Driving for a Dream

| February 01, 2002

In 1992, Rosemarie Vara and her husband were on vacation when they passed a tractor-trailer on the interstate carrying more than just a usual load. Inside, Vara spotted an obviously sick child waving back at her from his cozy seat inside the semi.

“What I saw blew me away; it literally brought tears to my eyes,” Vara says. “Even as sick as he was, he was smiling and so happy to be riding in a big rig. I started thinking about these forgotten children. I told my husband then that I wanted to put together a day for the sick children and just give them a day to forget everything.”

After much planning, her dream became a reality, known today as “Share a Dream.” “Share a Dream” brings truckers together from all over the United States to upstate New York to participate in a convoy carrying terminally ill children along for a fun-filled ride followed by a day of entertainment.

“We started out the first year with 32 trucks and this year we had a little under 150,” says Mike Rexford, a driver in the convoy.

Rexford has been participating in the event since its inception, and says seeing the children’s enjoyment keeps him returning every year.

Participating truck is decorated in preparation for the convoy.

“If you could only see the kids’ faces,” Rexford says. “One little boy got in the truck and didn’t say a word, but just clinched his fists and shook them up and down he was so excited.”

Every year, the first truck in the convoy bears a “Share a Dream” banner and carries no child passenger, in memory of the children that have died over the years.

The annual event in Chautauqua County, N.Y., draws many visitors that come to cheer and wave to the children and drivers all along the convoy’s 40-mile route.

“People are lining the streets and you just know they’ve been preparing for this day because they have signs like ‘We Love You Children,’ and ‘Thank You Truckers,’” Vara says.

The truckers that participate in the event get involved from advertisements or hearing about it on their CB radio. Rexford says some even see it going on the day of the event and get off their route to lend themselves and their trucks to the convoy.

“Share a Dream” is more than just a ride in a big rig. Every year the money raised from the event is donated to a hospital for research.

Throughout the past 10 years, the event has donated over $70,000 to various organizations for research. This year the money was given to St. Jude Children’s Research Hospital.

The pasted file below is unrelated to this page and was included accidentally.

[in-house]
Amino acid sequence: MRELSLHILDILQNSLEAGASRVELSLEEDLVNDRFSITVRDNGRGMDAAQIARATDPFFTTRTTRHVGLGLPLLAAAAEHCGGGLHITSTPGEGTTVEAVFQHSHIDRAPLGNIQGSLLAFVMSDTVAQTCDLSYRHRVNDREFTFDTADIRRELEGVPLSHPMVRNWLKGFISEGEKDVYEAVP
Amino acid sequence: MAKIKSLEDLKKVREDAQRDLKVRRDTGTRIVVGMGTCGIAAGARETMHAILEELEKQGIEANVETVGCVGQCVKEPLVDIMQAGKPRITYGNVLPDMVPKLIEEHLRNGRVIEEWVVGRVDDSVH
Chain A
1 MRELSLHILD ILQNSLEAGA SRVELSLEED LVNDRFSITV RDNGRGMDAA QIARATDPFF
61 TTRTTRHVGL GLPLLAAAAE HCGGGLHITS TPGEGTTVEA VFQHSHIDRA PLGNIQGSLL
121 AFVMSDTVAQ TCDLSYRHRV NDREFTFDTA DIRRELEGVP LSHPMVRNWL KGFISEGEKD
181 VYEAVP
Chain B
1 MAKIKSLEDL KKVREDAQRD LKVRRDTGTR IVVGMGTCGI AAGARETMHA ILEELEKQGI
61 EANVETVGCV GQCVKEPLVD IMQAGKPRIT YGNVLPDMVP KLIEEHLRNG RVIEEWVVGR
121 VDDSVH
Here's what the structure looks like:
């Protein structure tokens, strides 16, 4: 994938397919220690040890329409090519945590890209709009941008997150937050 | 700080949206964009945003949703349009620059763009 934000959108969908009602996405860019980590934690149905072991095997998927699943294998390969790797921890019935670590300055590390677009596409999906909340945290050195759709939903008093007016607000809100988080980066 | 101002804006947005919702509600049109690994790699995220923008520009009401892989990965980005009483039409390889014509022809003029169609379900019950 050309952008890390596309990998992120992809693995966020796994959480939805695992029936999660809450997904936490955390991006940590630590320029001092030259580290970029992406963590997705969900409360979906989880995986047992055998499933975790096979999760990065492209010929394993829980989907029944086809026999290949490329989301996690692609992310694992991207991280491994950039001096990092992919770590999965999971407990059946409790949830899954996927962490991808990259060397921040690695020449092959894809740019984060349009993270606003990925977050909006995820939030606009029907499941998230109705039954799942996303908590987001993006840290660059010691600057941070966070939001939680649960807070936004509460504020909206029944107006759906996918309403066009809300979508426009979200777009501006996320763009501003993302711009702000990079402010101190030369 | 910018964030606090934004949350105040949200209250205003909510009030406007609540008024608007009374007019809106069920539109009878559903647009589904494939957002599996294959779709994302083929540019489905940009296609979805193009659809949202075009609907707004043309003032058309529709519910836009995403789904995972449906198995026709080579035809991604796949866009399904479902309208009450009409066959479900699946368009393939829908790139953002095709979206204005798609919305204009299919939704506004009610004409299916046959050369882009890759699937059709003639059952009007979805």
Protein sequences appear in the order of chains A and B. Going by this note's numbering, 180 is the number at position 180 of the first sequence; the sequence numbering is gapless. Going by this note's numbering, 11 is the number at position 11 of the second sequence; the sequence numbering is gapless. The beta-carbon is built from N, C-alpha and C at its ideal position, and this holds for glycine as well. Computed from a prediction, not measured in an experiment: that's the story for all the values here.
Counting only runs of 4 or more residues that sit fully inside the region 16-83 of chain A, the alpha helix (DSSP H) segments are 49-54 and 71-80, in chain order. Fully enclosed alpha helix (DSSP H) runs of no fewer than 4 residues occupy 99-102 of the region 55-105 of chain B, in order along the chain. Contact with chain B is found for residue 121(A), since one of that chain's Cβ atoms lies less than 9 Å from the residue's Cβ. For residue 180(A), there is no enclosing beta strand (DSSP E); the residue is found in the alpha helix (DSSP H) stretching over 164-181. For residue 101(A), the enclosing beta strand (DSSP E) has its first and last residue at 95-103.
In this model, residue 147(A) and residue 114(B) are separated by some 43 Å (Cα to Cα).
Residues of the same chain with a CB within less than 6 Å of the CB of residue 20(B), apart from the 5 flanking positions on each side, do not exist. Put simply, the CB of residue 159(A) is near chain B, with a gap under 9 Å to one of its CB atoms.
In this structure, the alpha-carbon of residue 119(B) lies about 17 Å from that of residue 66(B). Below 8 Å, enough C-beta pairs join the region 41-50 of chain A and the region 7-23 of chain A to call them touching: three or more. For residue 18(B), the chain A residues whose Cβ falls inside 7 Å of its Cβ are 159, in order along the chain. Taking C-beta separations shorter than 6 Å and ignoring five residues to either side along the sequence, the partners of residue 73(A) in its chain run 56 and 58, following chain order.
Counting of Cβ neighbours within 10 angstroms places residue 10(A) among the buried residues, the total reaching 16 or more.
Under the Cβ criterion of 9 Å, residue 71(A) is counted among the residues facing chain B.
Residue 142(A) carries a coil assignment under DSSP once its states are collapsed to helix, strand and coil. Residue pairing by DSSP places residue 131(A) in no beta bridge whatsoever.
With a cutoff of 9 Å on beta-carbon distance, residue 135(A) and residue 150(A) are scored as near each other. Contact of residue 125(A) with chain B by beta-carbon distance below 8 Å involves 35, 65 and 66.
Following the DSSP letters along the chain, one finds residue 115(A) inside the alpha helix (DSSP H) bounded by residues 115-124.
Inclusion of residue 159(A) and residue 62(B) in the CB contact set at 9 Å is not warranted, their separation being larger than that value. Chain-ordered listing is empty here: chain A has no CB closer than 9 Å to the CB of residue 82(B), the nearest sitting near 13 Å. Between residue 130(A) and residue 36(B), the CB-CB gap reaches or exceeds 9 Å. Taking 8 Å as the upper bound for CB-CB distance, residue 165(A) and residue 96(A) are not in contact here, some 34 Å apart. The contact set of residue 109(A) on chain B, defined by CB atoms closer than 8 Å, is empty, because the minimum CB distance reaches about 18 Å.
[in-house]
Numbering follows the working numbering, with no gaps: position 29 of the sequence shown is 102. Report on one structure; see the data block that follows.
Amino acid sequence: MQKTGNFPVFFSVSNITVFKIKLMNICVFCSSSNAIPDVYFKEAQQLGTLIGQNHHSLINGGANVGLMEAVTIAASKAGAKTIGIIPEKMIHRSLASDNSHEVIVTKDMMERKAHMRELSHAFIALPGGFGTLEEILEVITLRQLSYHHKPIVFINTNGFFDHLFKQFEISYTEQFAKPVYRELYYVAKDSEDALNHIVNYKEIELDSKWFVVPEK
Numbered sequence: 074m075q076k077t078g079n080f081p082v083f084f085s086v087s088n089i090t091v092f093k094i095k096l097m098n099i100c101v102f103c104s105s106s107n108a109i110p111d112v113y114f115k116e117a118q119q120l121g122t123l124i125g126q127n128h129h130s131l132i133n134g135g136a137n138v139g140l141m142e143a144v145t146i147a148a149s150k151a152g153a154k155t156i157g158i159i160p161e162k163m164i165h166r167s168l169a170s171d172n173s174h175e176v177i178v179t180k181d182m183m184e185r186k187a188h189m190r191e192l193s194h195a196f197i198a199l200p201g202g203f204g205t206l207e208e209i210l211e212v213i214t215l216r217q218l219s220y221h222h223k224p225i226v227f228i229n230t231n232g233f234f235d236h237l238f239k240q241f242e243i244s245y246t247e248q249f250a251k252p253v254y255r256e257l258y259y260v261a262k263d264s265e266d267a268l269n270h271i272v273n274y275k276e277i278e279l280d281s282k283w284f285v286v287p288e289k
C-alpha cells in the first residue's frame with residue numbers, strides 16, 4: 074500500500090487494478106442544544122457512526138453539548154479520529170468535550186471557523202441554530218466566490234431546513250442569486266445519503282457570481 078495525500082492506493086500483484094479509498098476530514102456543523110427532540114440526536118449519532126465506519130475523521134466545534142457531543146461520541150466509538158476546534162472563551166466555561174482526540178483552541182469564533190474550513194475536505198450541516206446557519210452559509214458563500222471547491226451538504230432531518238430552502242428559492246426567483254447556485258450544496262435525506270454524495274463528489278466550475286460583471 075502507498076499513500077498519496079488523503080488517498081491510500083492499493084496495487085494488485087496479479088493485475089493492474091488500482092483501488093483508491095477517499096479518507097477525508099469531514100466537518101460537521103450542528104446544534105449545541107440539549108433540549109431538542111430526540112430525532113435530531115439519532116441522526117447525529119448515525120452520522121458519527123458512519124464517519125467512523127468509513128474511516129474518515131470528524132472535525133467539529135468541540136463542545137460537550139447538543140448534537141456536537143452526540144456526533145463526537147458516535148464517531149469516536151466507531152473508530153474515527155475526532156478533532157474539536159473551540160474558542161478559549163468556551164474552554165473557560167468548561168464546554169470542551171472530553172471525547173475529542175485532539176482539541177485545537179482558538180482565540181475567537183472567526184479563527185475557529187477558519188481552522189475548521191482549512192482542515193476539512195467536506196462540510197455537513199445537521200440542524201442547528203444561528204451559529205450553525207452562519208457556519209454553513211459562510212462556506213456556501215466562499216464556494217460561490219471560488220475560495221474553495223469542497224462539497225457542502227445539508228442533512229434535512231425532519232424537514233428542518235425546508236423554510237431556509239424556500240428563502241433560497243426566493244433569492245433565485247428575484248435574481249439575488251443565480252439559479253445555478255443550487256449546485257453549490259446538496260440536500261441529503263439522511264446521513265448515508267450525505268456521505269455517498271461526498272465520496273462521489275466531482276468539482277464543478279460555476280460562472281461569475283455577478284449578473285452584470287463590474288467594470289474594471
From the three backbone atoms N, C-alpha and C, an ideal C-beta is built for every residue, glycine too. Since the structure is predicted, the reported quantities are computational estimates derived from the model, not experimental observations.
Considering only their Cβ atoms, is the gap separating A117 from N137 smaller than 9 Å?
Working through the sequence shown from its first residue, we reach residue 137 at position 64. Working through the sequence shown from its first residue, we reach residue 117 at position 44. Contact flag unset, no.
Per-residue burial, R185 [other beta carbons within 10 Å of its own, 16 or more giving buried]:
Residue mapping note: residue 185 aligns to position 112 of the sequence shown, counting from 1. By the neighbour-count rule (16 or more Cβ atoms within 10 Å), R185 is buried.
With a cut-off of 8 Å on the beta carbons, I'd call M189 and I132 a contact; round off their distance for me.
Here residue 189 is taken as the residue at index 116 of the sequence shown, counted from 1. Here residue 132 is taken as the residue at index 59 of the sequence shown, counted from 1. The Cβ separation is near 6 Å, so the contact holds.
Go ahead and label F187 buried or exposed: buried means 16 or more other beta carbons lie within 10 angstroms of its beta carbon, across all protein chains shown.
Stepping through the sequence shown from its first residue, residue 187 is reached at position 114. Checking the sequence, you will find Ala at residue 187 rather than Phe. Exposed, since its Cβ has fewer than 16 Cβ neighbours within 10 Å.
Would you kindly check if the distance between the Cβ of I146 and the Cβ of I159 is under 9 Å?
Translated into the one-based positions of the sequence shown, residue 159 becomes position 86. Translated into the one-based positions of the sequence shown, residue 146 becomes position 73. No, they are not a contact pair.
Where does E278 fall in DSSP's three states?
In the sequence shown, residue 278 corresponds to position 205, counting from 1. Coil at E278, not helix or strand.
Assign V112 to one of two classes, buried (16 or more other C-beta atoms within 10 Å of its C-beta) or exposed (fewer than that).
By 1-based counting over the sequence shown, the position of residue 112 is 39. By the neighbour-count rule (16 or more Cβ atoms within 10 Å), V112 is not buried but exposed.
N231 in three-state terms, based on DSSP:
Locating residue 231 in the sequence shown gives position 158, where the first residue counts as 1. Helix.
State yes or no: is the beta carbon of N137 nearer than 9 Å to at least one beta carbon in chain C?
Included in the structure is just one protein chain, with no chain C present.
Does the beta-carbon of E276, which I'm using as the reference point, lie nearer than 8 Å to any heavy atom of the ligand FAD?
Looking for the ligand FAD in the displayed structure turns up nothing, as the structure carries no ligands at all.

Driving for a Dream

| February 01, 2002

In 1992, Rosemarie Vara and her husband were on vacation when they passed a tractor-trailer on the interstate carrying more than just a usual load. Inside, Vara spotted an obviously sick child waving back at her from his cozy seat inside the semi.

“What I saw blew me away; it literally brought tears to my eyes,” Vara says. “Even as sick as he was, he was smiling and so happy to be riding in a big rig. I started thinking about these forgotten children. I told my husband then that I wanted to put together a day for the sick children and just give them a day to forget everything.”

After much planning, her dream became a reality, known today as “Share a Dream.” “Share a Dream” brings truckers together from all over the United States to upstate New York to participate in a convoy carrying terminally ill children along for a fun-filled ride followed by a day of entertainment.

“We started out the first year with 32 trucks and this year we had a little under 150,” says Mike Rexford, a driver in the convoy.

Rexford has been participating in the event since its inception, and says seeing the children’s enjoyment keeps him returning every year.

Participating truck is decorated in preparation for the convoy.

“If you could only see the kids’ faces,” Rexford says. “One little boy got in the truck and didn’t say a word, but just clinched his fists and shook them up and down he was so excited.”

Every year, the first truck in the convoy bears a “Share a Dream” banner and carries no child passenger, in memory of the children that have died over the years.

The annual event in Chautauqua County, N.Y., draws many visitors that come to cheer and wave to the children and drivers all along the convoy’s 40-mile route.

“People are lining the streets and you just know they’ve been preparing for this day because they have signs like ‘We Love You Children,’ and ‘Thank You Truckers,’” Vara says.

The truckers that participate in the event get involved from advertisements or hearing about it on their CB radio. Rexford says some even see it going on the day of the event and get off their route to lend themselves and their trucks to the convoy.

“Share a Dream” is more than just a ride in a big rig. Every year the money raised from the event is donated to a hospital for research.

Throughout the past 10 years, the event has donated over $70,000 to various organizations for research. This year the money was given to St. Jude Children’s Research Hospital.

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